BlackBerry launches Classic smartphone to woo keyboard loyalists, prices it at $449

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New York/toronto | Updated: December 18, 2014 11:22 AM

BlackBerry launches its long-awaited Classic smartphone to help it win back market share.

The new Blackberry Classic smartphone is shown during a display at the launch event in New York. (Reuters)The new Blackberry Classic smartphone is shown during a display at the launch event in New York. (Reuters)

BlackBerry Ltd  launched its long-awaited Classic on Wednesday, a smartphone it hopes will help it win back market share and woo those still using older versions of its physical keyboard devices.

BlackBerry Classic is available for sale starting Wednesday for $449 in the U.S. and 499 Canadian dollars in Canada through and

The Canadian mobile technology company said the new device, which bears striking similarities to its once wildly popular Bold and Curve handsets, boasts a larger screen, longer battery life, an expanded app library with access to offerings from Inc’s Android App store, and a browser three times faster than the one on its legacy devices.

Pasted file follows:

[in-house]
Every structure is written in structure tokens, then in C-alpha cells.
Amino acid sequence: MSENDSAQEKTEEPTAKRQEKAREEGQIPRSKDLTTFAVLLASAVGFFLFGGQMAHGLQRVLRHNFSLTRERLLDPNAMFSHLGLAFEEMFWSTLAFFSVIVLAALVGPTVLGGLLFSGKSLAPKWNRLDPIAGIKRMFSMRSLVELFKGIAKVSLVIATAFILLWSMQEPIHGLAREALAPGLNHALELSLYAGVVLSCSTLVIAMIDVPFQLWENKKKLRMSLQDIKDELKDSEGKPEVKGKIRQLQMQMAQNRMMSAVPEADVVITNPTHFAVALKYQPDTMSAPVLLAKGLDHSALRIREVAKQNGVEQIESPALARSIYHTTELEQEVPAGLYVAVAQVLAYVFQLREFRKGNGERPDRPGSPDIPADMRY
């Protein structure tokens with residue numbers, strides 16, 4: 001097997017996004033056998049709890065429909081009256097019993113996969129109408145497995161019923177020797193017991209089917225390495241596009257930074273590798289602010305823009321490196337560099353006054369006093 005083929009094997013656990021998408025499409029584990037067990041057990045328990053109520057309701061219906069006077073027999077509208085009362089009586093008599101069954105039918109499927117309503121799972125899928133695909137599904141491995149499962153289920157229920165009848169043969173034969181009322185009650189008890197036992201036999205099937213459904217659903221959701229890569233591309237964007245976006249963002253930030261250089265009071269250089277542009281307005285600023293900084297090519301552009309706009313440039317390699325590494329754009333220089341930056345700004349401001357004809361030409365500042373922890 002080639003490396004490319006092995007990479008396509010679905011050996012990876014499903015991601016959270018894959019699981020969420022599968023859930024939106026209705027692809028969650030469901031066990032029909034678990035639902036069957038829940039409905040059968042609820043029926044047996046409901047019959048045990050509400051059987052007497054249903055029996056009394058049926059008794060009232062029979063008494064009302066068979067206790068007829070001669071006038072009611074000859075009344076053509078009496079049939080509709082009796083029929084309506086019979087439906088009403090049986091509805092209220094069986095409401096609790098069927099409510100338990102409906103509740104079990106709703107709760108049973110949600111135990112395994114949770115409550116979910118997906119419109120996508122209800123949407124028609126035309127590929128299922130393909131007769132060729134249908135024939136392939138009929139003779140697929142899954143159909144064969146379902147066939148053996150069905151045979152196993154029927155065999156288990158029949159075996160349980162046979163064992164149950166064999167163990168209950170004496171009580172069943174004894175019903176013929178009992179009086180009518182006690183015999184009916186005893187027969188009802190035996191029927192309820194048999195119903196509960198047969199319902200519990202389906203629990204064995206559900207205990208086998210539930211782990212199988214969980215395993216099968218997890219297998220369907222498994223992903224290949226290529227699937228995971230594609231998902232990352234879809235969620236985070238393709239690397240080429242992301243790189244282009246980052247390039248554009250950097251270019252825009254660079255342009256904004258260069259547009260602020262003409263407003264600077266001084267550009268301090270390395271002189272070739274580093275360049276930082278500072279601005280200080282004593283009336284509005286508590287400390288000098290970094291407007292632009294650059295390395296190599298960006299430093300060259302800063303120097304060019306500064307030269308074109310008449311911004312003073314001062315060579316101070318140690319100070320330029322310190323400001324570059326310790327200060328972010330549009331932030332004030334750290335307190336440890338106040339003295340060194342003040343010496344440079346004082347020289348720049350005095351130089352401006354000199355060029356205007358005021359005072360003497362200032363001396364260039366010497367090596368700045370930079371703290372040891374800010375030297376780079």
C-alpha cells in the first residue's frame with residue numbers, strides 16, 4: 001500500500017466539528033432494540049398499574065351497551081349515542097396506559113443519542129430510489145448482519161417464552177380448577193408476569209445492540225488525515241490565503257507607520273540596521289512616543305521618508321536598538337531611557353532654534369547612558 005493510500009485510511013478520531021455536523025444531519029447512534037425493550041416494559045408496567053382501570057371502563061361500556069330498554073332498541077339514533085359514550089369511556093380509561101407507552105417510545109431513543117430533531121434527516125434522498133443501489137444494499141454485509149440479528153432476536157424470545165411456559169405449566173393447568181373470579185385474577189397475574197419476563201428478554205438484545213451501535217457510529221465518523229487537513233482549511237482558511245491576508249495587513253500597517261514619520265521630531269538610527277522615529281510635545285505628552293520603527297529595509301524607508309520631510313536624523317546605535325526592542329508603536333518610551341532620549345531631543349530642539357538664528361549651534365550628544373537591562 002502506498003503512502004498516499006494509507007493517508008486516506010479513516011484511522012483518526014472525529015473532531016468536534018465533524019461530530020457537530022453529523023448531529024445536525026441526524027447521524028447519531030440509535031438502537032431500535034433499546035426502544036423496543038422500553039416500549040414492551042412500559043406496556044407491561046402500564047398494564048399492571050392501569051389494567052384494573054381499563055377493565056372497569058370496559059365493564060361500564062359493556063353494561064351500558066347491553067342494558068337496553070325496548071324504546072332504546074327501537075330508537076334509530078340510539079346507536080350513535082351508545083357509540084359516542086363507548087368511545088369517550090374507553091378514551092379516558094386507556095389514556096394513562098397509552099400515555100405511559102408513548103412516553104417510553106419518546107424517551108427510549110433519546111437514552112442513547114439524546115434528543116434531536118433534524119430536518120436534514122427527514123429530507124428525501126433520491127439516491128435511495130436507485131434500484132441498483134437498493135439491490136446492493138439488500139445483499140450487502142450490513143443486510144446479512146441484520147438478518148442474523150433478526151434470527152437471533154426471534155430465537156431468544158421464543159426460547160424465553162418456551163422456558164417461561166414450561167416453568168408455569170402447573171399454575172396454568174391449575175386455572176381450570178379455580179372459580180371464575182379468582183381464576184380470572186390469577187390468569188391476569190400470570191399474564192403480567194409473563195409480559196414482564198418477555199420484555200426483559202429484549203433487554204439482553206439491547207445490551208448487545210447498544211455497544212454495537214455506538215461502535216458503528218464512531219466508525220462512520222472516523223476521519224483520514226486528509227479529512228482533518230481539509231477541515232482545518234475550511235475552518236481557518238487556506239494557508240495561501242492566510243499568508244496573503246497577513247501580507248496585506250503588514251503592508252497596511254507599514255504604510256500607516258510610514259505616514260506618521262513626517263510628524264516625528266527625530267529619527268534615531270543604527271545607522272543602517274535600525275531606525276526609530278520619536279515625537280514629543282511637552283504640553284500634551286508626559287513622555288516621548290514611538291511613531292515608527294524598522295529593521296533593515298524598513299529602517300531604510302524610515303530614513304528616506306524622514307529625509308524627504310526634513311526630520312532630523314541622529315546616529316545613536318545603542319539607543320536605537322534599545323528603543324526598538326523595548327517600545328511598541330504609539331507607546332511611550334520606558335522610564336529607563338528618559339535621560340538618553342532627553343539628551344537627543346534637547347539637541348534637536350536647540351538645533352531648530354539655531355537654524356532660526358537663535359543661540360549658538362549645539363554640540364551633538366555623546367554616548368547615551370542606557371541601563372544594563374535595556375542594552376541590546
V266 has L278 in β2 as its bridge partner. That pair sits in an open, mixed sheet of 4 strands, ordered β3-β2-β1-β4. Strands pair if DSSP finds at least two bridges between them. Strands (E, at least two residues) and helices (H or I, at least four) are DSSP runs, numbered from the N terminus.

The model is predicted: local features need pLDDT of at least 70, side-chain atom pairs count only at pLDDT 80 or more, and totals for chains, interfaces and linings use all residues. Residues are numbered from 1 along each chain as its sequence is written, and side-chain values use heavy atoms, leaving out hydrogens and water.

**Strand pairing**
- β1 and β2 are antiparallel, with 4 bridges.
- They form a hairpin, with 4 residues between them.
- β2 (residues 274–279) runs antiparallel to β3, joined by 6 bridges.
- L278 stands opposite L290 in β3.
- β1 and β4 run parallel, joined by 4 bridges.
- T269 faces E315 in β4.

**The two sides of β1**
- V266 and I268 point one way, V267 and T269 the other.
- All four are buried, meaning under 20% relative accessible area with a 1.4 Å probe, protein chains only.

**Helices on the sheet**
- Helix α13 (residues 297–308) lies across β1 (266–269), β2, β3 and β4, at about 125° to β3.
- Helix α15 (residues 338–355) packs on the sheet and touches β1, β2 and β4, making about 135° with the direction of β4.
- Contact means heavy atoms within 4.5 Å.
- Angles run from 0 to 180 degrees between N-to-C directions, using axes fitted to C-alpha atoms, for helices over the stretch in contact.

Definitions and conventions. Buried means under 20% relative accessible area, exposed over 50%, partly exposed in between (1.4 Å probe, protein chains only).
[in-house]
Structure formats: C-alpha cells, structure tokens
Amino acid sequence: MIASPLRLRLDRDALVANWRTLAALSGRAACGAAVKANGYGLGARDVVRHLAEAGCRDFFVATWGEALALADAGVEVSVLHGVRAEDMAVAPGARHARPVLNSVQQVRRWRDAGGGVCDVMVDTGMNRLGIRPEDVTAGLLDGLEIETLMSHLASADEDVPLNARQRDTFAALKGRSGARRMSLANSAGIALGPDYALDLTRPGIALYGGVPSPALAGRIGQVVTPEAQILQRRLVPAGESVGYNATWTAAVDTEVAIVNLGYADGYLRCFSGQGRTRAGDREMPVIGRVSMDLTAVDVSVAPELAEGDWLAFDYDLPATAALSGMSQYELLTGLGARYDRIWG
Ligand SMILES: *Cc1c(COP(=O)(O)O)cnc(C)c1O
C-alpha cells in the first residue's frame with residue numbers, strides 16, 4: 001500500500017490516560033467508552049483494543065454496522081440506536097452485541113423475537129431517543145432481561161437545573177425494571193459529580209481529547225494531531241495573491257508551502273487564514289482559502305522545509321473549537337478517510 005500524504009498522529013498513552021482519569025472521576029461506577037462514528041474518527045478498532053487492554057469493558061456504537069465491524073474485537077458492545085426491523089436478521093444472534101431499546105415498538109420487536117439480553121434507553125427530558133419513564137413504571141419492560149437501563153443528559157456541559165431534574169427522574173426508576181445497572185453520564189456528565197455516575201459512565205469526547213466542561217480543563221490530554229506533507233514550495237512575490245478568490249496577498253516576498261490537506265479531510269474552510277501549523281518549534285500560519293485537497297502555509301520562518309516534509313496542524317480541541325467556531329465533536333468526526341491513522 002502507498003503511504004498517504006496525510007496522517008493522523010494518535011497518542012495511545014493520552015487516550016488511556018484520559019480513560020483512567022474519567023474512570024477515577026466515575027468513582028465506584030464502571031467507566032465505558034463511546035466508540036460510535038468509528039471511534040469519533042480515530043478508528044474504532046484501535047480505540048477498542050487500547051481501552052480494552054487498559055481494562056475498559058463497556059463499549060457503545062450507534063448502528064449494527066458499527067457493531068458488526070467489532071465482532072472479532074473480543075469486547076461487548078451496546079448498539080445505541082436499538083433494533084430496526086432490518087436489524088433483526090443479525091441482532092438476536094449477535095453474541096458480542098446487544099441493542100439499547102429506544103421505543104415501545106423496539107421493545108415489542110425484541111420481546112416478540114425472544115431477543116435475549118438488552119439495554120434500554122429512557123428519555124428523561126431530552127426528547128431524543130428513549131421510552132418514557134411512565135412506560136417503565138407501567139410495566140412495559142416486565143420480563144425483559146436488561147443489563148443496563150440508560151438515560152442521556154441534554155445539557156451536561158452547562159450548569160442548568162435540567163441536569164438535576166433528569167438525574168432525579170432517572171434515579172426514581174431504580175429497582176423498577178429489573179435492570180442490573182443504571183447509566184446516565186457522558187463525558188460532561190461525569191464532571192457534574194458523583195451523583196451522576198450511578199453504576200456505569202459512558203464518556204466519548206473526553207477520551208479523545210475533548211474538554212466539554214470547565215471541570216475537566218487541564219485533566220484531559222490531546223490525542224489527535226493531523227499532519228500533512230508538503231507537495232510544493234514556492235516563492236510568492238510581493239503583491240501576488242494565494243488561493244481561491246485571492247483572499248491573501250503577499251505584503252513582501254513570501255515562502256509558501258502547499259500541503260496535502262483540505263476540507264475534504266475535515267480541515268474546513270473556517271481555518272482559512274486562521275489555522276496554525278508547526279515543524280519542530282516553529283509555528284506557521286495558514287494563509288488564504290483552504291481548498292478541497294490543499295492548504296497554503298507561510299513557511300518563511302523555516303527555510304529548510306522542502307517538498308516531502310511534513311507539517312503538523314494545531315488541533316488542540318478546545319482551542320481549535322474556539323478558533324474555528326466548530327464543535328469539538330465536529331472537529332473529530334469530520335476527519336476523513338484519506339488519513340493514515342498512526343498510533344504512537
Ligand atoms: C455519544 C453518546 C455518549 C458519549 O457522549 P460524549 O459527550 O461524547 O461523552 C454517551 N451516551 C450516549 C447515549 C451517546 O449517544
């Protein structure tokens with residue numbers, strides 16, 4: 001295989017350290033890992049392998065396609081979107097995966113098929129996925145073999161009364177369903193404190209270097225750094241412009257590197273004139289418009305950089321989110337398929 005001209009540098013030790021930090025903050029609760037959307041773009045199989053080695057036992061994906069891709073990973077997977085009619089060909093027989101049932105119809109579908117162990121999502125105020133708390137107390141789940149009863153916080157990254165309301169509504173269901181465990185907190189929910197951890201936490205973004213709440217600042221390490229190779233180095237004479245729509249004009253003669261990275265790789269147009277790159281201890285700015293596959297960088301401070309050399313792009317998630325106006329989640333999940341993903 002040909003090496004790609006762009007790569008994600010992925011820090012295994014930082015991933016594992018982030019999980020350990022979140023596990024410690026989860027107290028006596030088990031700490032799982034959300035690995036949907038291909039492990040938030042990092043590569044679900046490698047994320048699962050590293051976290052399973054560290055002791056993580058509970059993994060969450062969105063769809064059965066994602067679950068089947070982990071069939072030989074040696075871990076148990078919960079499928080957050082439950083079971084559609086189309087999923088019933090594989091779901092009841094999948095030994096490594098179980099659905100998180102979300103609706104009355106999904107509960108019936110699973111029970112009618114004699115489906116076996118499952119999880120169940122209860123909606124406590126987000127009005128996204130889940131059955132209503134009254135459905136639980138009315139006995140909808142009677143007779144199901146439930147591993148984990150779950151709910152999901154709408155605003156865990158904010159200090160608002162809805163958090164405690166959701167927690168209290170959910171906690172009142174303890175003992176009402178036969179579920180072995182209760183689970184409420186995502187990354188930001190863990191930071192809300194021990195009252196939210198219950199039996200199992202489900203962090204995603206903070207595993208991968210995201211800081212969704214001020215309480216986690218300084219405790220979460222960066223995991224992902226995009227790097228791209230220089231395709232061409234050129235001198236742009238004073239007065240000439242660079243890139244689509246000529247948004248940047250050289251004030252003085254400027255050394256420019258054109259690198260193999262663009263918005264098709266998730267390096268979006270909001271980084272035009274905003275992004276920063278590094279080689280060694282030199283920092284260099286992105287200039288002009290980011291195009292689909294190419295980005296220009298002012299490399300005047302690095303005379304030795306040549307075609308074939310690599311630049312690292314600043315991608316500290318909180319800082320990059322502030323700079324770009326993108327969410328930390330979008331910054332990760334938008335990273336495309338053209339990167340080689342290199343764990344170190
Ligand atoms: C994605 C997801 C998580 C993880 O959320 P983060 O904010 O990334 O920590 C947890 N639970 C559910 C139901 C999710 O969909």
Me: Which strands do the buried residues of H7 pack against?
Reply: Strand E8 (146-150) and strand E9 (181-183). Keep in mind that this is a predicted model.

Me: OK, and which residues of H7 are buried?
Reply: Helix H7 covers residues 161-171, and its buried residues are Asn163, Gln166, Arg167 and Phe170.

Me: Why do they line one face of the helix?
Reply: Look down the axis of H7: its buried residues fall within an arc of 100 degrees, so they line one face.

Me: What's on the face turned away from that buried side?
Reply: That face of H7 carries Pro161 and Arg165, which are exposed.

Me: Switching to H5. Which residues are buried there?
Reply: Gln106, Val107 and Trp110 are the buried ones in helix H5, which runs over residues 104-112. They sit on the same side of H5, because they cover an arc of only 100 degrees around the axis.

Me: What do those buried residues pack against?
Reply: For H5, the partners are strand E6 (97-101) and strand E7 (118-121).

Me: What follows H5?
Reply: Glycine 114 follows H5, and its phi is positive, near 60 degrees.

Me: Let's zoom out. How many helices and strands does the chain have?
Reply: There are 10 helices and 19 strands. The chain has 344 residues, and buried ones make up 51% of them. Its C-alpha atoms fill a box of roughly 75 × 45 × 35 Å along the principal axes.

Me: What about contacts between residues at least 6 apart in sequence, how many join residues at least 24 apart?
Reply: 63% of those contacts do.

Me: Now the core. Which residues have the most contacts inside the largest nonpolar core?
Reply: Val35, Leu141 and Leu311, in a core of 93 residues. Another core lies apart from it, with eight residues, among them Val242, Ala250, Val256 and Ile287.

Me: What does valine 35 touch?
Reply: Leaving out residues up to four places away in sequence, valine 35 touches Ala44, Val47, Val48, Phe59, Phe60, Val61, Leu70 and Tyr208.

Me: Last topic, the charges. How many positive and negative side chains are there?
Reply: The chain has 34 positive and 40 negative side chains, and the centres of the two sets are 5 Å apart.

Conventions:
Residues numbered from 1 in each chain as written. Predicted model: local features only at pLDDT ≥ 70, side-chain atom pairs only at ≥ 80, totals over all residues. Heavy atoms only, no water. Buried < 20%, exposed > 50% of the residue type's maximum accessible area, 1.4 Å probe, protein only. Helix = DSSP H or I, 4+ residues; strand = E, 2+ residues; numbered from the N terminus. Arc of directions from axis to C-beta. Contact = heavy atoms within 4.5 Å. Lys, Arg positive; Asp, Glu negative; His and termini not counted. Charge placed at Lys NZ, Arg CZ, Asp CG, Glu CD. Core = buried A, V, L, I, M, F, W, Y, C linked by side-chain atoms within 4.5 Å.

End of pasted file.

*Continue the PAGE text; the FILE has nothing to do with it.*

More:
“The conversation about BlackBerry has changed in the last year,” Chief Executive John Chen said as he launched the Classic at Manhattan’s upscale Cipriani restaurant. “We are here to stay, there is no question about that. Now we have to engineer our growth.”

He said BlackBerry had listened to its fans and brought back the command bar functionality that helped make its legacy phones easy to navigate.

When the company initially introduced its new BlackBerry 10 operating system and devices early in 2012 it put more emphasis on touchscreens, alienating many fans of its physical keyboard.


Those who moved to the new physical keyboard phones that BlackBerry launched later were unhappy that command keys such as the Menu, Back, Send and End buttons, along with the trackpad had been dropped.

With the Classic and the recent launch of its Passport smartphone, Chen is in some ways taking the company back to its roots, re-emphasizing the physical keyboard, rather than trying to compete directly against the touchscreen handsets of dominant rivals like Samsung Electronics and Apple.

“We expect the Classic to be the most popular BlackBerry enterprise device and the easiest transition for current BB7 (legacy device) users,” said Wells Fargo analyst Maynard Um.


The launch also coincided with an upgrade on BlackBerry’s stock by BGC analyst Colin Gillis, who raised his price target to $12.50 from $11, and rating to “buy” from “hold.”

Shares in BlackBerry were up 5.2 percent at $10 in afternoon trading on the Nasdaq.

The Waterloo, Ontario-based company, which also unveiled a new suite of enterprise applications and software bundles targeted at major corporate clients, said the Classic is on sale immediately on and

It said major Canadian carriers Rogers, Telus and Bell would have limited availability before Christmas, with major U.S. carriers Verizon and AT&T getting the Classic shortly afterward.

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